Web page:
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Loving Our Parks to Death

The Truckee Meadows is home to some of the most diverse open spaces I have seen. Oftentimes friends and family think I am traveling from state to state when looking at the adventures I share online. I can’t really blame them when you juxtapose a forested hike up Galena to a stroll through Griffith Canyon surrounded by desert wildflowers (Can one really just stroll through Griffith Canyon?). In reality, I have just gone 30 miles from one side of Sparks to the other side of Reno. With such varying native wildlife and natural habitat to explore, it is no wonder our community loves its parks and trails as much as I do. But can we love our parks and trails too much?



Loving our parks to death

There has been a lot of talk recently about loving our parks to death. Picture the child bringing their favorite teddy bear everywhere they go, and after time the stuffed animal has lost its button eyes and most of its fur. Our parks have always been subject to environmental and human impacts that threaten the wildlife within it, but since the pandemic began that impact is increasingly more dangerous. Parks are seeing twice the visitation with three times the amount of trash while their maintenance budgets remain smaller than they were fifteen years ago.


I don’t think we can love our parks too much. We aren’t that little kid anymore who doesn’t know how to care for what we love. One of my favorite quotes by Maya Angelou comes to mind “Do the best you can until you know better. Then when you know better, do better.” We can apply the best conservation strategies to not only study but protect our biologically diverse landscapes. We can inspire advocates who become voices of our parks through education and experience. We can ensure the health and vibrancy of our parks, trails and open spaces well into the future with your support.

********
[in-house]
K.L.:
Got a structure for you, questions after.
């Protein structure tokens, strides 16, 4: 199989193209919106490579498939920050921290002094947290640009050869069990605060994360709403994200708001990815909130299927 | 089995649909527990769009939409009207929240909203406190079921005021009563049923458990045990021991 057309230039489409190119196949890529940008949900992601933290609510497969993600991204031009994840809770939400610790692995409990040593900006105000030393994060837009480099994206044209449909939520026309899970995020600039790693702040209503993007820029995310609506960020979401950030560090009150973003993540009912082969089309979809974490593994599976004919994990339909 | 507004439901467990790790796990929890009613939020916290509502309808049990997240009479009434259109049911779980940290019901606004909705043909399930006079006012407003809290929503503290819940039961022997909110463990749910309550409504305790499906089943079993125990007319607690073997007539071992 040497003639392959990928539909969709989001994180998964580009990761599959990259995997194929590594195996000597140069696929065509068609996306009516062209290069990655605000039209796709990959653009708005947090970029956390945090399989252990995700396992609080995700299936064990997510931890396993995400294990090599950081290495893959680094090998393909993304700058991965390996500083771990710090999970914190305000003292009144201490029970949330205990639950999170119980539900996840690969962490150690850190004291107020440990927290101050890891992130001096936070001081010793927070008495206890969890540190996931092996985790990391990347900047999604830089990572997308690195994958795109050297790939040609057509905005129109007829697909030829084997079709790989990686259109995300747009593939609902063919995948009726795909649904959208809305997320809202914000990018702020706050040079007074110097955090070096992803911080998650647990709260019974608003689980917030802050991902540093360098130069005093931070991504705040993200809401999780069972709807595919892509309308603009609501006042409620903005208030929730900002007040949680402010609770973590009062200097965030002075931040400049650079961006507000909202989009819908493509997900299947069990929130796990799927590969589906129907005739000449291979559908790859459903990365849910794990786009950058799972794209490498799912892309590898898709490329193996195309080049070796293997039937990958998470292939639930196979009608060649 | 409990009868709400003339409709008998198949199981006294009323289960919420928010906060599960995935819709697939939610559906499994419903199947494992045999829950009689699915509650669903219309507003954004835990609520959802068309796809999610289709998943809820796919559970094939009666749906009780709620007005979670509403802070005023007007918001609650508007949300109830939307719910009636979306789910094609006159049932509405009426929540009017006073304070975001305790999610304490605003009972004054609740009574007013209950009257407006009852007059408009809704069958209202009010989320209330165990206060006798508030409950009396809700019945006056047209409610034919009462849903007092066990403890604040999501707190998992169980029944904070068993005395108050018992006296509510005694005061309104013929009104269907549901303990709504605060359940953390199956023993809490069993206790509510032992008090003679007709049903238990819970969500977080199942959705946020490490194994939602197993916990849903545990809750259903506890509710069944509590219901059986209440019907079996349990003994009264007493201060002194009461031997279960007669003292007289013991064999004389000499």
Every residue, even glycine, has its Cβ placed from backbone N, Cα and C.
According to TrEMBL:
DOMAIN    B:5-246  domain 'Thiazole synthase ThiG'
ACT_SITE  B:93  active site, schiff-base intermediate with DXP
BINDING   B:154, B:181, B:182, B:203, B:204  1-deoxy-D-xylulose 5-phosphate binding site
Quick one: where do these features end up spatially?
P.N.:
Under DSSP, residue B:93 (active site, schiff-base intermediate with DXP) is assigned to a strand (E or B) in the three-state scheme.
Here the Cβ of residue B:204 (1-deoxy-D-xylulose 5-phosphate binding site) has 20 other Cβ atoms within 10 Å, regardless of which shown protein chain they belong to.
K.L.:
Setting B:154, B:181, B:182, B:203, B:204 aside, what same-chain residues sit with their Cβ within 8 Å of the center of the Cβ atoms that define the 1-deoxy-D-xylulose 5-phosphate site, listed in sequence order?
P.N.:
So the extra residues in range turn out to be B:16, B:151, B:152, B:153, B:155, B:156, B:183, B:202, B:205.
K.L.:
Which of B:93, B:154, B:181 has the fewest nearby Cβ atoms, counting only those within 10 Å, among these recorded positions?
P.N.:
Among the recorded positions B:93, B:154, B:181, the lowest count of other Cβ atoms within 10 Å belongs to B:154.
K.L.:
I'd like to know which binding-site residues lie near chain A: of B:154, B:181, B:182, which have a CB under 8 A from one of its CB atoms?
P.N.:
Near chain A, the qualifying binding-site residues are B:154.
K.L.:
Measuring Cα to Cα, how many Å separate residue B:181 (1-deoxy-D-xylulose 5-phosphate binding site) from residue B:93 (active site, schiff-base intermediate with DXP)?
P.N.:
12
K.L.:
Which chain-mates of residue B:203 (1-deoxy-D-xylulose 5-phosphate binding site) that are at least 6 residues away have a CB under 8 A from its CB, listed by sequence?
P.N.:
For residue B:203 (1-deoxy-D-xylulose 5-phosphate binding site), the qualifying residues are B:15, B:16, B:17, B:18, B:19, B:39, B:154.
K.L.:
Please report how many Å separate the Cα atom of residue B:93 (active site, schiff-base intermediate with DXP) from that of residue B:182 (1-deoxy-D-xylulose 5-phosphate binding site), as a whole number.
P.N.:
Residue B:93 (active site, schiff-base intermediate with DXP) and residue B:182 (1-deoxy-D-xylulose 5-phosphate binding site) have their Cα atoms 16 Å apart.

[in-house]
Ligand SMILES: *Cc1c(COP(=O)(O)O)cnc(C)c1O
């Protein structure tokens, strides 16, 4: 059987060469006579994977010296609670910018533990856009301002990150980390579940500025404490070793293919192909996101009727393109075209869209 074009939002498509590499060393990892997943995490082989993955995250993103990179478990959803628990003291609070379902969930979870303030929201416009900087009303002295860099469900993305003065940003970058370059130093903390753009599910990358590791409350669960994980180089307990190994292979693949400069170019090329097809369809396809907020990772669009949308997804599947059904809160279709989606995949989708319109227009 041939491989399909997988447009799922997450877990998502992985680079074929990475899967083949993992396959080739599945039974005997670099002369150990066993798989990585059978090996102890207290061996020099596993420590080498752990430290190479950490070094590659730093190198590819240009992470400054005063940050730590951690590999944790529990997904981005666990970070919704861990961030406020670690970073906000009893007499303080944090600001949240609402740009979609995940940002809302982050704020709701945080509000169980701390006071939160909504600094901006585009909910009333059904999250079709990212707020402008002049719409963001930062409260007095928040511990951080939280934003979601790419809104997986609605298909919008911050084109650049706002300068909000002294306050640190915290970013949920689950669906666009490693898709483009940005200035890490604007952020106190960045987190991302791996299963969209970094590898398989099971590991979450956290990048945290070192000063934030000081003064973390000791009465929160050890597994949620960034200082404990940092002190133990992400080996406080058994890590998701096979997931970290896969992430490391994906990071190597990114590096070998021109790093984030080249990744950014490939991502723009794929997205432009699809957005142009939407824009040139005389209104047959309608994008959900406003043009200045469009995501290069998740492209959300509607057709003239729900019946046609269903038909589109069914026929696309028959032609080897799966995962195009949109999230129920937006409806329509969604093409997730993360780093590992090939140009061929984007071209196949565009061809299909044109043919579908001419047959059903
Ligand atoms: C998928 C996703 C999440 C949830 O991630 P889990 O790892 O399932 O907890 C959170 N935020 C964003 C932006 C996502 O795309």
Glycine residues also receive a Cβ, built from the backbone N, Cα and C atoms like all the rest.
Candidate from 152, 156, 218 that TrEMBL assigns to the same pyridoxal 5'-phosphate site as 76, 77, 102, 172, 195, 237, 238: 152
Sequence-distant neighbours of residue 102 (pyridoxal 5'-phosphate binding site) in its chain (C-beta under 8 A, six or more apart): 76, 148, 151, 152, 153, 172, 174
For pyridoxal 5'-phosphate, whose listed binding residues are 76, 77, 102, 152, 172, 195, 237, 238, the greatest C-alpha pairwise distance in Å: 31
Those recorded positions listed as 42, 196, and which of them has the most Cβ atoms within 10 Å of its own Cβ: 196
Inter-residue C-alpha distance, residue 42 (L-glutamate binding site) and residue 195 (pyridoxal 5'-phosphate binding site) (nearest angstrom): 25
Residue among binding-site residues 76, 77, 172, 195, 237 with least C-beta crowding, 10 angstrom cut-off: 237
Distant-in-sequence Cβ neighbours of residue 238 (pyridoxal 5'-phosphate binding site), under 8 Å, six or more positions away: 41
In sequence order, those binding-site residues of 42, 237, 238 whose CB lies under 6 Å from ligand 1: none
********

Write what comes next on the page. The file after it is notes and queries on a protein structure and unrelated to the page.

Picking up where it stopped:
Making a difference

Doing better for your parks takes a lot of different forms and starts right here in your local community. Making a financial contribution to Truckee Meadows Parks Foundation is one of the most effective ways to support parks. Even a small, one-time donation is appreciated, but there are additional creative ways to give as well. You can donate in honor or memory of a loved one, plan a future gift through retirement or life insurance, schedule a monthly gift, or even start an online fundraiser for the Parks Foundation and invite your friends to donate.


Volunteering is a great way to lend your unique skills, talents, and knowledge to preserving your parks in a tangible way. From invasive plant removal to community science the opportunities to volunteer are endless. You can join a cleanup event with Keep Truckee Meadows Beautiful, join a committee of the Lahontan Audubon Society, join a planting event at the Rosewood Nature Study Area, or even become a wildlife volunteer with the Nevada Department of Wildlife.


Parks hold the power to inspire a sense of wonder and love of the outdoors. One of the best ways you can help support our parks is by helping others understand all that parks have to offer. Gifting the Truckee Meadows Trails Challenge is a great way to help your friends, family, or even colleagues discover their own connections to the outdoors. Bringing a friend along on your next adventure where you show them how to be a park steward can encourage them to pick up their dog’s waste, stay on trail, and not leave trash after a picnic.


What’s next?

The fast-paced world awaits with traffic, task lists, and screens, but while you’re in the outdoors you can simplify your life, focus on connecting with nature, and reset your mind and body. As more and more people head to our parks and trails for just this we must decide – do we continue protecting our outdoor spaces the same as we have been (under-staffed and under-budgeted) or do we get involved with transformative change for our future?


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